New financial regulations will harm households and small businesses

The financial sector breathed a sigh of relief this week as the Basel Committee’s recommendations for new rules on banking regulations were announced; stock markets around the world rallied. Rules on the amount of capital banks must hold to cover risk – and the extent to which reserves must be liquid – are less stringent than expected.

The financial sector breathed a sigh of relief this week as the Basel Committee’s recommendations for new rules on banking regulations were announced; stock markets around the world rallied. Rules on the amount of capital banks must hold to cover risk – and the extent to which reserves must be liquid – are less stringent than expected.

Should the left be annoyed? Shouldn’t the banks be hit harder for causing the recession and compelling taxpayers to bail them out on a massive scale?

It would be easy to answer yes. In welcoming the news, Bank of America chief-executive Brian Monyihan was quoted as rejoicing that “there is a need to strike a balance against losses while not harming future prosperity”. This is a false and arrogant dichotomy – Monyihan wants us to believe that there is a zero-sum trade-off between stability and prosperity.

Tougher rules, so the argument goes, would have made the global financial system more resilient, but at the price of prosperity given that banks’ ability to invest at will would have been curtailed. This is evidence of an incredibly short memory: it wasn’t Basel III that caused the economic downturn. In fact, it was the absence of regulation on banks that led the world economy to the brink of depression.

However, the weakness of Basel III should not be exaggerated. The main concession from the committee was simply that regulations will be phased in. The rules will involve significant change for many banks. Their profitability will be undermined, meaning that they are less attractive to investors, and their employees’ bonuses probably won’t be quite as vulgar.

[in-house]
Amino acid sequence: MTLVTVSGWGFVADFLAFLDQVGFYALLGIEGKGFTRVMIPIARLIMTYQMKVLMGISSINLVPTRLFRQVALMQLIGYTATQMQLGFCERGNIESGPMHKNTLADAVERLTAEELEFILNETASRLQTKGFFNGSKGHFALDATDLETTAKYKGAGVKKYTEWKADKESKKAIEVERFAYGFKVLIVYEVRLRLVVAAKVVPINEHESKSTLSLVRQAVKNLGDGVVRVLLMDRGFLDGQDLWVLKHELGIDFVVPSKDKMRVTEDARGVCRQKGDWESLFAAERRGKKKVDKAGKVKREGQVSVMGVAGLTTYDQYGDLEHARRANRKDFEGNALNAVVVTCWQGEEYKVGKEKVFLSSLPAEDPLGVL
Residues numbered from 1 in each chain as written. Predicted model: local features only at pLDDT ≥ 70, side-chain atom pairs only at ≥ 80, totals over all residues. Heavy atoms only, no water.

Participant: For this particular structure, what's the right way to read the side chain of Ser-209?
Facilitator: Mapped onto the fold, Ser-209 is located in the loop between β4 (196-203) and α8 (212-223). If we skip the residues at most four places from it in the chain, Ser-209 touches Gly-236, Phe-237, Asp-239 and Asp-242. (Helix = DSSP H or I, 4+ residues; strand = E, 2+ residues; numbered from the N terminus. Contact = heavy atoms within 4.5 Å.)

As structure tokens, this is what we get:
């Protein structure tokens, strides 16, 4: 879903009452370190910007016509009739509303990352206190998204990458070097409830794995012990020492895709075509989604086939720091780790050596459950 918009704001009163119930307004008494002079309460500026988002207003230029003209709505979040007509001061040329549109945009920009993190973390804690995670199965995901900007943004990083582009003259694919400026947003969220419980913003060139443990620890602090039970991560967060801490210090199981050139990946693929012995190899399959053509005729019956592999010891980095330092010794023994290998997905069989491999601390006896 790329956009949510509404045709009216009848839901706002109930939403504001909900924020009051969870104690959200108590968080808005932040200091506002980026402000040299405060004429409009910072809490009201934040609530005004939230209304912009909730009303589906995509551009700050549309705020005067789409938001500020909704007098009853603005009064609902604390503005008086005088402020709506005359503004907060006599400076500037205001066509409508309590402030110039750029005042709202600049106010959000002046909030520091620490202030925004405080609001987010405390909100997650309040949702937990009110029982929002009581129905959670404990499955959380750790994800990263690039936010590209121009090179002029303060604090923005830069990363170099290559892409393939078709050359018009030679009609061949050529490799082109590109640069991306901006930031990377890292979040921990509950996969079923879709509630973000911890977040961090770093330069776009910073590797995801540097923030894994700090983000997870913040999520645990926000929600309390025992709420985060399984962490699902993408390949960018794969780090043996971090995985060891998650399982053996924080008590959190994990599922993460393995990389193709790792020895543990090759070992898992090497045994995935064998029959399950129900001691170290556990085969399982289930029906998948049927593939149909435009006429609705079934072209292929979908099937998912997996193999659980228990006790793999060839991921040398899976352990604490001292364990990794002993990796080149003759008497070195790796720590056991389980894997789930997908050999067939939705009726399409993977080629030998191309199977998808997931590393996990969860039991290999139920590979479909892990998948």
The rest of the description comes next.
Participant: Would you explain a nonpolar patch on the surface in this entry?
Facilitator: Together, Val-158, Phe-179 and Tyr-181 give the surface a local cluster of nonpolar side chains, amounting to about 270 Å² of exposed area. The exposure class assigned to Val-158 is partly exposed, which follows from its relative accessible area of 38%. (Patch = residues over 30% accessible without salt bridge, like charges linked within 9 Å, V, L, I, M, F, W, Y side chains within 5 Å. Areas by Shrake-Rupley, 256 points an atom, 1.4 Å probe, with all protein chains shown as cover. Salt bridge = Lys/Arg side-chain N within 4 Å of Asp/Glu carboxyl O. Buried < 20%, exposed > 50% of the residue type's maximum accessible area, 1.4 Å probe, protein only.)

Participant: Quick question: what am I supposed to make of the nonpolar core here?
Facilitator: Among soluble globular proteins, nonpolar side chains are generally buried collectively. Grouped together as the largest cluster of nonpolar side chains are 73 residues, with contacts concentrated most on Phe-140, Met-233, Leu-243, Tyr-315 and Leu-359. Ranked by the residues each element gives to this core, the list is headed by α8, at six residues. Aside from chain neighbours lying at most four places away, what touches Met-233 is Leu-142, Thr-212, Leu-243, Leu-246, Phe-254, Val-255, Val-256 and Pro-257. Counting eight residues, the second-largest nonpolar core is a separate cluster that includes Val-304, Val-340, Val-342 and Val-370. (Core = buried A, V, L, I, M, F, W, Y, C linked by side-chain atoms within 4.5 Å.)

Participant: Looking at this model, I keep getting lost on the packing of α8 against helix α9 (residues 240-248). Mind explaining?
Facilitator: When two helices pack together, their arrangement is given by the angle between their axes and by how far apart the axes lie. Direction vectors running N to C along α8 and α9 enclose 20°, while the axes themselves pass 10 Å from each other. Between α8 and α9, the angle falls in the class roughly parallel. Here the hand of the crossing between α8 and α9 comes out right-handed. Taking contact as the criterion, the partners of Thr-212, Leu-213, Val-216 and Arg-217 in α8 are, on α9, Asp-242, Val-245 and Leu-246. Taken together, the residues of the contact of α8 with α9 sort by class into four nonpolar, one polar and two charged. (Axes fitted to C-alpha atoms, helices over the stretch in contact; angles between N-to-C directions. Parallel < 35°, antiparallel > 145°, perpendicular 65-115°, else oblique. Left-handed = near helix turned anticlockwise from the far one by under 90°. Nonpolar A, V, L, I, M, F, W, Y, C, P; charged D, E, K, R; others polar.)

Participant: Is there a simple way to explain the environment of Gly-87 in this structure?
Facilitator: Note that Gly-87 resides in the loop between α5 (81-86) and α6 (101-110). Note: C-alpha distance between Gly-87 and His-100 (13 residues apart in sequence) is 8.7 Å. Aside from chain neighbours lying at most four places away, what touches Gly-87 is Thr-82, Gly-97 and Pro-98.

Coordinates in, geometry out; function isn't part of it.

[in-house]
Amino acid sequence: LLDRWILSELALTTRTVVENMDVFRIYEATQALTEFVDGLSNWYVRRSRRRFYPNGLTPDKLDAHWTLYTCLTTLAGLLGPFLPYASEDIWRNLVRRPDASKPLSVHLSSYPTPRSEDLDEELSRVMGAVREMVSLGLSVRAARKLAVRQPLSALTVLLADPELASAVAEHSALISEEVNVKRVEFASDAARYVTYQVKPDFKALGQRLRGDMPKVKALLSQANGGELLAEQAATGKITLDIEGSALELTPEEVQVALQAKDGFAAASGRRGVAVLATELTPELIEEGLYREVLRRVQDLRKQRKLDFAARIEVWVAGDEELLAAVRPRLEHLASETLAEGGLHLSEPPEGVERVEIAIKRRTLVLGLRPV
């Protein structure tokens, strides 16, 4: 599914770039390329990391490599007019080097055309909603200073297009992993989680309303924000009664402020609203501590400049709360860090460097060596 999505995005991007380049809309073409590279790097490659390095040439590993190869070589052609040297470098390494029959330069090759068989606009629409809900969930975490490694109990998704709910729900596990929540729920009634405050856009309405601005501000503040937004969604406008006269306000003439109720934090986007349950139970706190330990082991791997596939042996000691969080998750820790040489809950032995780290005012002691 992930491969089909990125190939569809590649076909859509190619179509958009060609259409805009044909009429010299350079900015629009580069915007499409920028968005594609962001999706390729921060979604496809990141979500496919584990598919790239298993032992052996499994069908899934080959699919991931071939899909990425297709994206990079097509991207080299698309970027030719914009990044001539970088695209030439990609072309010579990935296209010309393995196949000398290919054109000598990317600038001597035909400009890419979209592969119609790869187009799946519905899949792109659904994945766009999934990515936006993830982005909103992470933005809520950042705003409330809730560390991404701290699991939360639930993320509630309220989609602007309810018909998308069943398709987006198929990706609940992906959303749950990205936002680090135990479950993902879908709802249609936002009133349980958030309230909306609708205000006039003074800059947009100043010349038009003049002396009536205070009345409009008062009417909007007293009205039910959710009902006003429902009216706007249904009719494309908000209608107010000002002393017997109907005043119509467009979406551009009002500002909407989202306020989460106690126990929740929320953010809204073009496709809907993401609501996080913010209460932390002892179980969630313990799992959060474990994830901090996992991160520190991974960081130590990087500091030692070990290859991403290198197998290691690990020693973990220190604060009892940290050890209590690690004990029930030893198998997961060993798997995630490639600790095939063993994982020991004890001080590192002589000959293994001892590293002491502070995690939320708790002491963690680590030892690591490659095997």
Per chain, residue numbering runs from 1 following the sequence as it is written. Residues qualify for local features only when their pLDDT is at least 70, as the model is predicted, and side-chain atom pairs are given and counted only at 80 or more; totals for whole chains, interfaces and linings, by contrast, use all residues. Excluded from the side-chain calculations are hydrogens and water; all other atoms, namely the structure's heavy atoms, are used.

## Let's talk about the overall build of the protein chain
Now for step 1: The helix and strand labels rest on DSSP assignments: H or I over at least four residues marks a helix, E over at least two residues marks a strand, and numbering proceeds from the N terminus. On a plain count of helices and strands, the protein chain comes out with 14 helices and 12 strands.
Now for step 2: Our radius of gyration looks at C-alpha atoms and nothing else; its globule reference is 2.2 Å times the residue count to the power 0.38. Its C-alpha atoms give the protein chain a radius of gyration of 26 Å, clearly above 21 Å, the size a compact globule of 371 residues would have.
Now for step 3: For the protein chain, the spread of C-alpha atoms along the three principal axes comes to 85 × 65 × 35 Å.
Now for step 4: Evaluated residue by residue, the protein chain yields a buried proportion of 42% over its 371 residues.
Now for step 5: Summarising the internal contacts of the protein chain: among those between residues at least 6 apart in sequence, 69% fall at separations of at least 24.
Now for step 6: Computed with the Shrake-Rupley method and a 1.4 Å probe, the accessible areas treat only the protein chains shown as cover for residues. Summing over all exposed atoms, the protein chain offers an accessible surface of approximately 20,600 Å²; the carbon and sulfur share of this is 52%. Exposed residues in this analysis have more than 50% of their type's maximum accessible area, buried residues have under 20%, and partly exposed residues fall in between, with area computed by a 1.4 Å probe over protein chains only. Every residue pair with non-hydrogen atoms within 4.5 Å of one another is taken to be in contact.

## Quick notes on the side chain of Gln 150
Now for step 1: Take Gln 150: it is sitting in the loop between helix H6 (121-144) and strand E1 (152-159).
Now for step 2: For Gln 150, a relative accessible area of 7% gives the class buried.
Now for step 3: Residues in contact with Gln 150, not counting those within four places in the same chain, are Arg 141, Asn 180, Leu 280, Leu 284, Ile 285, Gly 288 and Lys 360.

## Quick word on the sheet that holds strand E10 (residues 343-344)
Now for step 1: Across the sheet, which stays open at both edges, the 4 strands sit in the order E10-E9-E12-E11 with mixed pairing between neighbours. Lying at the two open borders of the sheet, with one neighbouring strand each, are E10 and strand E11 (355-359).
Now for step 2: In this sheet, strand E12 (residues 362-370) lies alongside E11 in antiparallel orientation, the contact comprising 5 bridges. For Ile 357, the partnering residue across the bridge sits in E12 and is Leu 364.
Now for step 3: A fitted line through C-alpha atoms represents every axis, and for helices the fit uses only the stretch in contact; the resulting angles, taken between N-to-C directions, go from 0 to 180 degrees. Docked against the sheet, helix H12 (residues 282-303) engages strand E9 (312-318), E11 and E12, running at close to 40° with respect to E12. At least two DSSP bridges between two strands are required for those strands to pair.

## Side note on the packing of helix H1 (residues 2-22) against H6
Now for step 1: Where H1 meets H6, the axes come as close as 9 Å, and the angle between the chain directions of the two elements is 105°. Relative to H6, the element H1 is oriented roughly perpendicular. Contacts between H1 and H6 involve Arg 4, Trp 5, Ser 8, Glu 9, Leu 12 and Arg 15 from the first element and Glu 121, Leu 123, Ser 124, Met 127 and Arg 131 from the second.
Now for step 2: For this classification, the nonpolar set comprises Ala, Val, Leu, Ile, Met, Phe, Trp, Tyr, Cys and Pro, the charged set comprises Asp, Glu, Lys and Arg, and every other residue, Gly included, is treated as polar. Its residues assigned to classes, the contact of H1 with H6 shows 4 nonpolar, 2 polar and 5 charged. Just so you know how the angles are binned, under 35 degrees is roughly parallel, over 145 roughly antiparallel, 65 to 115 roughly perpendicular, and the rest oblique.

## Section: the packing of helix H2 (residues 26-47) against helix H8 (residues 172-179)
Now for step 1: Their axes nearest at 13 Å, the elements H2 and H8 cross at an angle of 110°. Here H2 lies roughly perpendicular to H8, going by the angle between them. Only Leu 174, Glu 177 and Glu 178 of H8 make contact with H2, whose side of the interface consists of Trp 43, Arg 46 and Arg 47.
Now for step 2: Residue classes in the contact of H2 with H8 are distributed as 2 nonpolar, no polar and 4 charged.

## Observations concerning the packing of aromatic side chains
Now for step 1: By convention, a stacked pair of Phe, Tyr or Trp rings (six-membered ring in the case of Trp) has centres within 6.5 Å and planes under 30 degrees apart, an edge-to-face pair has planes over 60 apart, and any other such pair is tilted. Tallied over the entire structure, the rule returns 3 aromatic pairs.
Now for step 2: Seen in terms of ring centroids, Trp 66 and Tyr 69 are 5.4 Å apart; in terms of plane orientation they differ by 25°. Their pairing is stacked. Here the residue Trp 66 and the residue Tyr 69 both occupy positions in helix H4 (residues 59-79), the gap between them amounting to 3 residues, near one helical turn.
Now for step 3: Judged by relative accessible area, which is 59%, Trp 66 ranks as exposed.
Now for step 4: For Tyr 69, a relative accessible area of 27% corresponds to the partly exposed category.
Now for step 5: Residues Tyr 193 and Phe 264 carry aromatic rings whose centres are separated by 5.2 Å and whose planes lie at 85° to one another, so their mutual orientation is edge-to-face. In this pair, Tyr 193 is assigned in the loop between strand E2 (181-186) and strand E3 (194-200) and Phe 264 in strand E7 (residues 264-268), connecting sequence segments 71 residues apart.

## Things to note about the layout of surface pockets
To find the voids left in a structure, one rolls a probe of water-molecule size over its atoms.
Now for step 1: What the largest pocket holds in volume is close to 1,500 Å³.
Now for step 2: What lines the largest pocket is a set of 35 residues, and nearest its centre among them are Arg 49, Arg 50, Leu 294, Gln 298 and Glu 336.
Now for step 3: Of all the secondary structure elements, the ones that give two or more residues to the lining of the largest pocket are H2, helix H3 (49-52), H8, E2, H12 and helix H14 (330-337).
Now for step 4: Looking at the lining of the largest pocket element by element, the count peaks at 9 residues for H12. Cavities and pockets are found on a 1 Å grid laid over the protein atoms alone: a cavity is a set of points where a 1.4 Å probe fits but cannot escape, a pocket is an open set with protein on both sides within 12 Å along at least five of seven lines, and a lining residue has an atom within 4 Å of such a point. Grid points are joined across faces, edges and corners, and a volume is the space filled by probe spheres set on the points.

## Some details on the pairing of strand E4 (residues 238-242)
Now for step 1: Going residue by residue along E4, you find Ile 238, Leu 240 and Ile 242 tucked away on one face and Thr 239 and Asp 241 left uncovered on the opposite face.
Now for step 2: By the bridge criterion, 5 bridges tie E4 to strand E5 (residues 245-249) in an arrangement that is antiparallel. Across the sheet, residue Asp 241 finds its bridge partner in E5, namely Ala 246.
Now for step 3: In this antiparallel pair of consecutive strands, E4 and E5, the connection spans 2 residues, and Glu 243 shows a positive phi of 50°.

And crucially, the cost of banking will now rise. Generally speaking, taking out a loan or a mortgage will be more expensive, even as the economy recovers, and savings products will be less generous. If the rules had been stronger, the cost of banking would have risen even further.

This is a genuine quandary for the left in the post-New Labour era. The Labour government’s vision of welfare was essentially an updated version of Margaret Thatcher’s property-owning democracy. Built on what Peter Malpass terms the ‘wobbly cornerstone’ of the housing boom, New Labour sought to achieve asset-based welfare.

We should all own homes and invest our savings, entangling our welfare fundamentally with the financial system. Alan Finlayson has defined New Labour’s approach as the ‘financialisation’ of welfare, citing the ill-fated Child Trust Fund, which locked our children into the financial system from birth, as a key example.

If the cost of banking rises, financial inclusion for ordinary people will become even more difficult. This is not to say we should bemoan the end of asset-based welfare: the financial crisis which led to Basel III put an end to the fantasy land within which New Labour’s policies were pitched.

But what is the alternative vision? Such questions have not been raised at all during the Labour leadership election. Candidates have been generally supportive of tougher restrictions on banks, but none have wondered what this means for low-income people if they can’t get a mortgage or make money from their savings – or if small businesses can’t raise capital.

The only candidate really able to even get his head around all this, Ed Balls, was of course centrally involved in dreaming up asset-based welfare in the first place.

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